Here at Popular Discourse, we aren’t big fans of brevity. But events over the past few weeks have called for at least some kind of response. So even though it’s Fourth Week at the University of Chicago and midterms are afoot, here comes yet another article.
By ETHAN GELFER || October 21, 2016
“I would like to promise and pledge to all of my voters and supporters and to all of the people of the United States that I will totally accept the results of this great and historic presidential election, if I win.”
Those were actual words that exited an actual presidential nominee’s mouth in the day following a debate that self-destructed inside half an hour. We’ve documented Donald’s scandals in what we believe is its entirety here, but in reality its not even the obscenely inhuman force of offense and criminality (see: unconstitutional Muslim bans, sexual assault, etc), but rather the threat to institution that Donald Trump and his candidacy represents that scares me the most.
Much like every other nation, and to the consternation of many, the United States government and Constitution is not infallible. The republic is a socially constructed phenomenon that relies on continuous social agreement and cohesion to function. Authority, the rule of law, and power of the state are all derived from reification as a result of such socializations. In essence, we only have a government because we say we have a government.
That’s what makes Donald’s casual affronts to the pillars of democracy so dangerous. Traditions and customs affirm our commitment to the continued social reification of abstract institutions. Why do we refer to our chief executive solely as Mr. (and soon Madam) President? Why is it that when the President stands, no one sits? I submit that these aren’t random exertions of power that have become accepted, but rather these and other small traditions are vital to the perpetuation of our social fabric.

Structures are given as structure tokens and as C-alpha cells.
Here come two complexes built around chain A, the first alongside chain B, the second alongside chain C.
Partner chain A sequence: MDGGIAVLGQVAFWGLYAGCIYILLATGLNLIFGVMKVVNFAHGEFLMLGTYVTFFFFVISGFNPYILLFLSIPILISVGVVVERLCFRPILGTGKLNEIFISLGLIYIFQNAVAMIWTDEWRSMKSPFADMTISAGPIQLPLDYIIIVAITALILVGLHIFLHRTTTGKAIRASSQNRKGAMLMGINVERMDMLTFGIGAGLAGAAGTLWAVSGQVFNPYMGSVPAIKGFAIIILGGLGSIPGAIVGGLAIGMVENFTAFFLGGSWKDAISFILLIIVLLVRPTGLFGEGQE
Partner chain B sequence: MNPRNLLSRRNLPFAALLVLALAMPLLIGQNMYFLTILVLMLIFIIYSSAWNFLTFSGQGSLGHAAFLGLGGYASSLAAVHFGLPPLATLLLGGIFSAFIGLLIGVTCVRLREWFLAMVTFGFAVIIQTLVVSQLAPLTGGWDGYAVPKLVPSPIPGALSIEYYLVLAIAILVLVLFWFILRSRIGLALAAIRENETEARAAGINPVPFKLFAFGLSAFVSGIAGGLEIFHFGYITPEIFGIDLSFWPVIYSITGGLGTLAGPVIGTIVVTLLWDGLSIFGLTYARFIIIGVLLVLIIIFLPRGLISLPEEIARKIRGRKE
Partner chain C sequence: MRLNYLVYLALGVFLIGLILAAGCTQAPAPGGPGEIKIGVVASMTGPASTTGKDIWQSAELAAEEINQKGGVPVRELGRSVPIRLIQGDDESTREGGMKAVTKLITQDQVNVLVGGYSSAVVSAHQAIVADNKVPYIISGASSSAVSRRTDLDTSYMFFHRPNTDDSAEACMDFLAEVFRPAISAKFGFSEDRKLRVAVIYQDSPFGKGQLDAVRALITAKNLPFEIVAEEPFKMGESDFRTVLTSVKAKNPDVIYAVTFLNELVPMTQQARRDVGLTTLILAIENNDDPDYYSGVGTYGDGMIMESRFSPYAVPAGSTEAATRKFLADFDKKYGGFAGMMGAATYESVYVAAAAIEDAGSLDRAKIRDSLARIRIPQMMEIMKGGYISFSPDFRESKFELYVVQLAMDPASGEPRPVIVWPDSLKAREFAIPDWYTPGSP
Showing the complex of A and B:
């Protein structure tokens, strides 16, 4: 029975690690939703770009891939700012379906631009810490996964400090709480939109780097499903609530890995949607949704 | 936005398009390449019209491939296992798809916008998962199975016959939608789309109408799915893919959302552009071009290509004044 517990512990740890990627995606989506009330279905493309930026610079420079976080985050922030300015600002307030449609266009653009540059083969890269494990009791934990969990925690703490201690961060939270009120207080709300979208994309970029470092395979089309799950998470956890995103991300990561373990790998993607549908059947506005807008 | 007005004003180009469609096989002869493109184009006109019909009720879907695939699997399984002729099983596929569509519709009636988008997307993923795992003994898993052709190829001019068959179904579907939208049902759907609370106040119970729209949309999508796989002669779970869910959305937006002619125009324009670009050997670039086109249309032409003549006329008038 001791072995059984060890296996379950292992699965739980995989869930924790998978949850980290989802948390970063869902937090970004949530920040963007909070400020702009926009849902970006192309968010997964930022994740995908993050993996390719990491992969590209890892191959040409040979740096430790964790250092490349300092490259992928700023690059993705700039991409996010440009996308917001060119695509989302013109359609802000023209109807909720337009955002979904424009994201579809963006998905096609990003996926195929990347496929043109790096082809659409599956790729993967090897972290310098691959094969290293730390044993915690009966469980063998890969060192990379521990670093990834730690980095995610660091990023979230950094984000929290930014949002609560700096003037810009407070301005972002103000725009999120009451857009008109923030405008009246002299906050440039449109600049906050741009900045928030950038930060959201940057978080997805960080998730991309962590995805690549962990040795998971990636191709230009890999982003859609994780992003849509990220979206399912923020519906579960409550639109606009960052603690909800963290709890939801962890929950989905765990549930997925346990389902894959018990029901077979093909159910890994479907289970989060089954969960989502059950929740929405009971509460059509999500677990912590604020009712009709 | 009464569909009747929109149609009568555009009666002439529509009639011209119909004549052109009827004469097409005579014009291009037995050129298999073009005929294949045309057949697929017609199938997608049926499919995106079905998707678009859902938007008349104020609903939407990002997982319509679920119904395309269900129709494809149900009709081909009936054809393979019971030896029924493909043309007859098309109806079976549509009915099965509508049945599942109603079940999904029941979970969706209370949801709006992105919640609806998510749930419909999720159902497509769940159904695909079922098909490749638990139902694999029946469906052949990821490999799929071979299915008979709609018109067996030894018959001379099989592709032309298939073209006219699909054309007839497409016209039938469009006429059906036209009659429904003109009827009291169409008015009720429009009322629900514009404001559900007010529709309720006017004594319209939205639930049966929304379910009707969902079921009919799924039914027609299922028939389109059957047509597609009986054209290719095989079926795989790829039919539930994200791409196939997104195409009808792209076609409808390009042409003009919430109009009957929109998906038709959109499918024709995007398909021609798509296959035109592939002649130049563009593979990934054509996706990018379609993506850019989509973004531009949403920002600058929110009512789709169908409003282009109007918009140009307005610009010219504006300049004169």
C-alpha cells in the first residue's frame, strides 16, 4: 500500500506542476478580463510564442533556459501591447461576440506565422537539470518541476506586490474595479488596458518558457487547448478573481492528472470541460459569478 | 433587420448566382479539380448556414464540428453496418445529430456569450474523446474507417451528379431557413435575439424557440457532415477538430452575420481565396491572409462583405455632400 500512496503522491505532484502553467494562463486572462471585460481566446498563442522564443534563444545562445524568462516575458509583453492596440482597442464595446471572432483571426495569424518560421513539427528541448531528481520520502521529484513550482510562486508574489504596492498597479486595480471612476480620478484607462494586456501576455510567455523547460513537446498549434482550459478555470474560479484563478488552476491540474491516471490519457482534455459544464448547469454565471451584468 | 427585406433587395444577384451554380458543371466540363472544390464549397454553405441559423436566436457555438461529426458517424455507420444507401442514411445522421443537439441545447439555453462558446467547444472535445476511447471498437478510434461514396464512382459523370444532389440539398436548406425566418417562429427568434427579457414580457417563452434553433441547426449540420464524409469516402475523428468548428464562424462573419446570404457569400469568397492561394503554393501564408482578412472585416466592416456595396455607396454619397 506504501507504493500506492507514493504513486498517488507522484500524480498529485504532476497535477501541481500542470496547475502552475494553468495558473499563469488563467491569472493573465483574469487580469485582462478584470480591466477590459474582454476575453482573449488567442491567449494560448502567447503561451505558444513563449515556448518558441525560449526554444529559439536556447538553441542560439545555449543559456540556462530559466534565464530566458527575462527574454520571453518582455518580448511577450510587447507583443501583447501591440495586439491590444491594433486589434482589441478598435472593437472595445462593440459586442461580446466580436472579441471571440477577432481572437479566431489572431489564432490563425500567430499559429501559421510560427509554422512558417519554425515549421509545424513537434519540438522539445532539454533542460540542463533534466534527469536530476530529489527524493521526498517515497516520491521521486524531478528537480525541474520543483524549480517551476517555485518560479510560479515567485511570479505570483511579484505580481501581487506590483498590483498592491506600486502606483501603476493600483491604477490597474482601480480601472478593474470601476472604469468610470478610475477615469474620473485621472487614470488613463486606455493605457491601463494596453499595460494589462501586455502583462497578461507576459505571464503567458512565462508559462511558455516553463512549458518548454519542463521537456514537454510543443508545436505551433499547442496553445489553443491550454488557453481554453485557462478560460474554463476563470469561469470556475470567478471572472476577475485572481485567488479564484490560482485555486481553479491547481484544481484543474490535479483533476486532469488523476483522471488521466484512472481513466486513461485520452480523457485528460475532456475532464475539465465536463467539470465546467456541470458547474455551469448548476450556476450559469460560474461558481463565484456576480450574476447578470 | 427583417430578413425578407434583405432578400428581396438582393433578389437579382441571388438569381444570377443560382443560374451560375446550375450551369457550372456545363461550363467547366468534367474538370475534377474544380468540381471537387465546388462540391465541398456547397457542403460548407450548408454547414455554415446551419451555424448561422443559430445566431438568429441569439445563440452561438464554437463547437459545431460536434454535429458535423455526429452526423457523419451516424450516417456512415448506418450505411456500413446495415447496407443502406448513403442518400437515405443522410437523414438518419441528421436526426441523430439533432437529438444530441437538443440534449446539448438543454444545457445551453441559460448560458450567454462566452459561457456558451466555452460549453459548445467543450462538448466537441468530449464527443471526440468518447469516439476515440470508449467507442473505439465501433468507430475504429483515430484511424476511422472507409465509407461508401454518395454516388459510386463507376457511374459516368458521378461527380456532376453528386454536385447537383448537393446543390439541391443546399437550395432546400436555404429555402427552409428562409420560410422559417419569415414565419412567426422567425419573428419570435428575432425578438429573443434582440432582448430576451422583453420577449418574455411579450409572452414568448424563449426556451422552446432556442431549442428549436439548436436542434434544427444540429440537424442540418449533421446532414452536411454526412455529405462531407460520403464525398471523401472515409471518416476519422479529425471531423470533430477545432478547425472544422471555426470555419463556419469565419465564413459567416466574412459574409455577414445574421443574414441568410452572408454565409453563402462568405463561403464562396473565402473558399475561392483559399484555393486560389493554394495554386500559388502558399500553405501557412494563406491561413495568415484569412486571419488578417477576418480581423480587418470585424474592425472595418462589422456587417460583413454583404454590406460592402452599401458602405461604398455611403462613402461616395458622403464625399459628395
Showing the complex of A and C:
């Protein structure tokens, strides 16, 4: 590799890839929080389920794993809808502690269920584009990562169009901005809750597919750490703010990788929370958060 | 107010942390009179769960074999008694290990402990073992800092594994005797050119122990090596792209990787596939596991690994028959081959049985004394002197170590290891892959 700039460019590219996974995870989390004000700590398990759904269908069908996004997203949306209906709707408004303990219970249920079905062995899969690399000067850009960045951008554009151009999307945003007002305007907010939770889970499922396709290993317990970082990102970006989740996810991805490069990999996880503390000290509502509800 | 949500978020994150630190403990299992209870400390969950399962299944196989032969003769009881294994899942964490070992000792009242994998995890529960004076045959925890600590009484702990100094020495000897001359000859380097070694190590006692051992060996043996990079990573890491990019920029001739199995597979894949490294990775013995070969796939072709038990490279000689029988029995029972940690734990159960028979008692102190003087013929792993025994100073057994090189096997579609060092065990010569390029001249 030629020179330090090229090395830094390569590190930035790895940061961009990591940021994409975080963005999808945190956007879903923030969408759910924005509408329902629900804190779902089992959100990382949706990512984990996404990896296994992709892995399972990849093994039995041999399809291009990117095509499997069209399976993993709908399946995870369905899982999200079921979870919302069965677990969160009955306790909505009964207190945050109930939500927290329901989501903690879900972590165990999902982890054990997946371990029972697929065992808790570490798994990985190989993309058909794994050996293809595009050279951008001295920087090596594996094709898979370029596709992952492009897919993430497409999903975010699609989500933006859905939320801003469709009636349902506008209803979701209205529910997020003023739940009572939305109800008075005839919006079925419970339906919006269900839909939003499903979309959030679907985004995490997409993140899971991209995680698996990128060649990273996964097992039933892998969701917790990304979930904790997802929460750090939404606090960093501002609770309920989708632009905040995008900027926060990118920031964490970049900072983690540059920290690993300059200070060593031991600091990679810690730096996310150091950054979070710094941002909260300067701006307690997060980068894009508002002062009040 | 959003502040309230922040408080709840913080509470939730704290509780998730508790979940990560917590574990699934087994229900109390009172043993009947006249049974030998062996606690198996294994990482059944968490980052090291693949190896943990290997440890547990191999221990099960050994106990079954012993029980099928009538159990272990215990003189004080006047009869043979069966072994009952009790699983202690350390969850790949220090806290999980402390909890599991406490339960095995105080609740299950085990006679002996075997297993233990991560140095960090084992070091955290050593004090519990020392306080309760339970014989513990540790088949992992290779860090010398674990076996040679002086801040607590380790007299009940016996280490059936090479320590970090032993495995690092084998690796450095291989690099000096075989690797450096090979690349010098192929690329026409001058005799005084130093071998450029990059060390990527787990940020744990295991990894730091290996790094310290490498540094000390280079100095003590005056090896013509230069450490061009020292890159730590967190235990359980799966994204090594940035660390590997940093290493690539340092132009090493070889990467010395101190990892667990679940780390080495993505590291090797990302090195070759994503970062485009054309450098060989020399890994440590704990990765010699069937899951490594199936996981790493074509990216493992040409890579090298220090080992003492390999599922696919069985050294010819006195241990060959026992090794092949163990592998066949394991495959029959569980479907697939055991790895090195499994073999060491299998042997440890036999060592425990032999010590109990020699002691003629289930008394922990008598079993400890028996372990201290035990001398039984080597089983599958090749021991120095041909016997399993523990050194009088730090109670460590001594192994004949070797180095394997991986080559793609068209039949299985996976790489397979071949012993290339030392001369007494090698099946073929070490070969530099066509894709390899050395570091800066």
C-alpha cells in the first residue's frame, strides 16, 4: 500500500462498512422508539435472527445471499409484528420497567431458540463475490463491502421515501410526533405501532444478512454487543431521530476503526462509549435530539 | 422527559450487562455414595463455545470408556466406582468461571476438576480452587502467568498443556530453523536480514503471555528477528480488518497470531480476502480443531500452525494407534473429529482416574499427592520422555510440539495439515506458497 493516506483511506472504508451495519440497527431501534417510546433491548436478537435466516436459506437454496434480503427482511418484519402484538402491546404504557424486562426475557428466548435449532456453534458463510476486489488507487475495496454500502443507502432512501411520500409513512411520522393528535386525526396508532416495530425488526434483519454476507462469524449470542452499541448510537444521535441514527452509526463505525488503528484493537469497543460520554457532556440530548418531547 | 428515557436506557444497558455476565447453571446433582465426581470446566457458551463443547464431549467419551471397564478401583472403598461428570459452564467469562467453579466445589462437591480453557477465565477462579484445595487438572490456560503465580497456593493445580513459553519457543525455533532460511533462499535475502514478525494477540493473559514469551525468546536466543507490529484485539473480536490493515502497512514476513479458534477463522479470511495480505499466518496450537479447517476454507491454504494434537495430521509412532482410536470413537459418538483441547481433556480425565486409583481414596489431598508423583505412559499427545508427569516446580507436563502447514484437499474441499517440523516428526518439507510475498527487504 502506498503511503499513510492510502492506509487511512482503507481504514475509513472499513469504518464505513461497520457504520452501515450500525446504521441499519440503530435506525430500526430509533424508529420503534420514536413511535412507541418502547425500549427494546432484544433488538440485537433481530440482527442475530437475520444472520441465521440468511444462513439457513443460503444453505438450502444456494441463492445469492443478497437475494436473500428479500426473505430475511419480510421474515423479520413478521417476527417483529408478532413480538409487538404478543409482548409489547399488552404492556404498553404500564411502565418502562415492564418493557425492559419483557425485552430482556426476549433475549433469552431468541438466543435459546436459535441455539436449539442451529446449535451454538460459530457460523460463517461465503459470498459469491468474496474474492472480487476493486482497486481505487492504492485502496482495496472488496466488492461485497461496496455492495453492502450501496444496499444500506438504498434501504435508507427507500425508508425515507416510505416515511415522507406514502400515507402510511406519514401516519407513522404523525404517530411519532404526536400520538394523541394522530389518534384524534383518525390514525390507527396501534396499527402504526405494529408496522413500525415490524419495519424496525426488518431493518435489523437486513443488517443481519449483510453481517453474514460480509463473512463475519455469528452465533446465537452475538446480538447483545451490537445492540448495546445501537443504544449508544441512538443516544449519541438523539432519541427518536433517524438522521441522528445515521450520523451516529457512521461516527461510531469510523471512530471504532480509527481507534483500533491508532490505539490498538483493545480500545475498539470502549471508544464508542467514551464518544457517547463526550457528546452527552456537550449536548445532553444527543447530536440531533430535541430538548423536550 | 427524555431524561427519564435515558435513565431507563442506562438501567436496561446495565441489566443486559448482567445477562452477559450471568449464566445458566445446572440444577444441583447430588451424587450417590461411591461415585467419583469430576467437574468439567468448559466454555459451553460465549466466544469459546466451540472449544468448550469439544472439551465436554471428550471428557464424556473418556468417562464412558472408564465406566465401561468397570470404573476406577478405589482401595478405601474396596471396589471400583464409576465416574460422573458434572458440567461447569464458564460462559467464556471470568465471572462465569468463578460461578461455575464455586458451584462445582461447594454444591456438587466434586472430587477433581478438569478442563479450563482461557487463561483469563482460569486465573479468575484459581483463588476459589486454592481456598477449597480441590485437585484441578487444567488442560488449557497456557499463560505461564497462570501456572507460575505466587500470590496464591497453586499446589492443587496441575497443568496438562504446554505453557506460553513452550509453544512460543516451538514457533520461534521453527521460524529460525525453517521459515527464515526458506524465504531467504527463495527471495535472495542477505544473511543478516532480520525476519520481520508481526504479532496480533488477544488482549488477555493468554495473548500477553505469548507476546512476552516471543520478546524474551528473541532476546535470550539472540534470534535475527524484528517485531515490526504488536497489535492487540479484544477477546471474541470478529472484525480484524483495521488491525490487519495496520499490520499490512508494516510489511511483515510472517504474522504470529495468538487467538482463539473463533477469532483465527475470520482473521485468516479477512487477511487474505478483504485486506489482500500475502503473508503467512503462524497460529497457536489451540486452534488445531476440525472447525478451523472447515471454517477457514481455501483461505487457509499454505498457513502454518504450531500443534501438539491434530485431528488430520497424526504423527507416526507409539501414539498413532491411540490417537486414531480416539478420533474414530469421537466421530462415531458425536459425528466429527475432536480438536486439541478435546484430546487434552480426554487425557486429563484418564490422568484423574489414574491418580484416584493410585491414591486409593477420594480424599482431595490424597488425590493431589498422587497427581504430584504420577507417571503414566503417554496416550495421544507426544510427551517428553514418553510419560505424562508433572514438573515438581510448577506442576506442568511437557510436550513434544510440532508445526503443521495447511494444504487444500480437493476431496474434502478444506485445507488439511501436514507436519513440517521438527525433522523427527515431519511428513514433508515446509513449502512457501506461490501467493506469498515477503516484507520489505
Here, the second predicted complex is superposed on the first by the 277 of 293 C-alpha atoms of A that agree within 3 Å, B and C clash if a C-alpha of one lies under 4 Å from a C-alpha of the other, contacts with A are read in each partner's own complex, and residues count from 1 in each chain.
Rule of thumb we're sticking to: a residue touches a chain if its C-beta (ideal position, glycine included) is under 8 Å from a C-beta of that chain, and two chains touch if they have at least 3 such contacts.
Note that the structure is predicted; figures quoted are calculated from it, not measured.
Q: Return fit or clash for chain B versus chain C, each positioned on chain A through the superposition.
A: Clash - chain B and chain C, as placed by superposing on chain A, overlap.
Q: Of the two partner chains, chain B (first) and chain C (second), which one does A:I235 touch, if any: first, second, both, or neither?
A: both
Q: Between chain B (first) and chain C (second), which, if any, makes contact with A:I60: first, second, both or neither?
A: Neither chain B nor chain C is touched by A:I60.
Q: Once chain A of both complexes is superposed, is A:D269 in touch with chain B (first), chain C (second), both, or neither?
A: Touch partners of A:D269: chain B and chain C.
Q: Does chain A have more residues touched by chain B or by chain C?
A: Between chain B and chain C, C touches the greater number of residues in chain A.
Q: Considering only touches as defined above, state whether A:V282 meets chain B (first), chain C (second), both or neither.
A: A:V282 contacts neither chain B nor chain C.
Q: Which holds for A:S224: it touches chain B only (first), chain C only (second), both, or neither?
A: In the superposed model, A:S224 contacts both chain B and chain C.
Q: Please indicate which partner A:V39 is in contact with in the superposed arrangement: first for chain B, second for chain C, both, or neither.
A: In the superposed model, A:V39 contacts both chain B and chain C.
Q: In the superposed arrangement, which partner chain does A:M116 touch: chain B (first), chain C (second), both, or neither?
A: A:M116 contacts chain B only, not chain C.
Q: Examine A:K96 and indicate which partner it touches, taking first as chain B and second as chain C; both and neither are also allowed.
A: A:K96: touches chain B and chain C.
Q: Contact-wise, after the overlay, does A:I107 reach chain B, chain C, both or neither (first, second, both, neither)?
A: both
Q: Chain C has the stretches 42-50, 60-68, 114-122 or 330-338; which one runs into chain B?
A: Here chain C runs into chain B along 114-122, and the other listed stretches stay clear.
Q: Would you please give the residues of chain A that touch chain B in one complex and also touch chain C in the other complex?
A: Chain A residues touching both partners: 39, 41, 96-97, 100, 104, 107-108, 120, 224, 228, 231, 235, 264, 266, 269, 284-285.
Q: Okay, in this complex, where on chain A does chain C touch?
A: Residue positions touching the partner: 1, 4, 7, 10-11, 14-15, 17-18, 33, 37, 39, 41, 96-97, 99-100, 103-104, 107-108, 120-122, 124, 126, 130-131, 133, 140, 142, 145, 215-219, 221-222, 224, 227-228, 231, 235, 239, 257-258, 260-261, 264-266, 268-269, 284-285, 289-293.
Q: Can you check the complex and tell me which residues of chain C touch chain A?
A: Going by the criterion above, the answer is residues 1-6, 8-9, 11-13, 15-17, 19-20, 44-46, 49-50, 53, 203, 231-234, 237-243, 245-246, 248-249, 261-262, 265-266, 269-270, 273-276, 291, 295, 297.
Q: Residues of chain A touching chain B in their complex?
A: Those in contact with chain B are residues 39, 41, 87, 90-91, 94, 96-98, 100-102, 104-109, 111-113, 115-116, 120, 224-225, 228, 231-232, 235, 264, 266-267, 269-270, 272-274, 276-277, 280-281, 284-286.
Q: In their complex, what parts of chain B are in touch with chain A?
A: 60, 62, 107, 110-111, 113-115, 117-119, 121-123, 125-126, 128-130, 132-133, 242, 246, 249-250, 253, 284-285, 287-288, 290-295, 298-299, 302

Unfortunately, Donald drags the Republican guard down with him as he goes. John McCain has suggested that the new Congress will still refuse to consider any Supreme Court nominees. Donald suggests that his supporters could seek Second Amendment remedies if Secretary Clinton were elected. He supports and encourages foreign intervention in the American election system. He suggests that subverting federal law makes him smart. He threatens to throw his political opponent in jail. And to top everything off, he suggests that he may not concede the election if he loses.
Trump apologians have already begun spinning the story by claiming that Al Gore, a Democrat, also refused to concede an election. Yet that situation is monumentally incomparable. To entertain the subject for a minute- Gore actually had a reason to contest the result, given that he won the popular vote (Donald has as good a chance as not to lose by double digits in the popular vote), and the margin of victory in Florida amounted to .009% of the vote in the state. Yes, there was a constitutional crisis in 2000. But when it became clear that the mechanisms of our government had not worked in his favor, Gore said the following: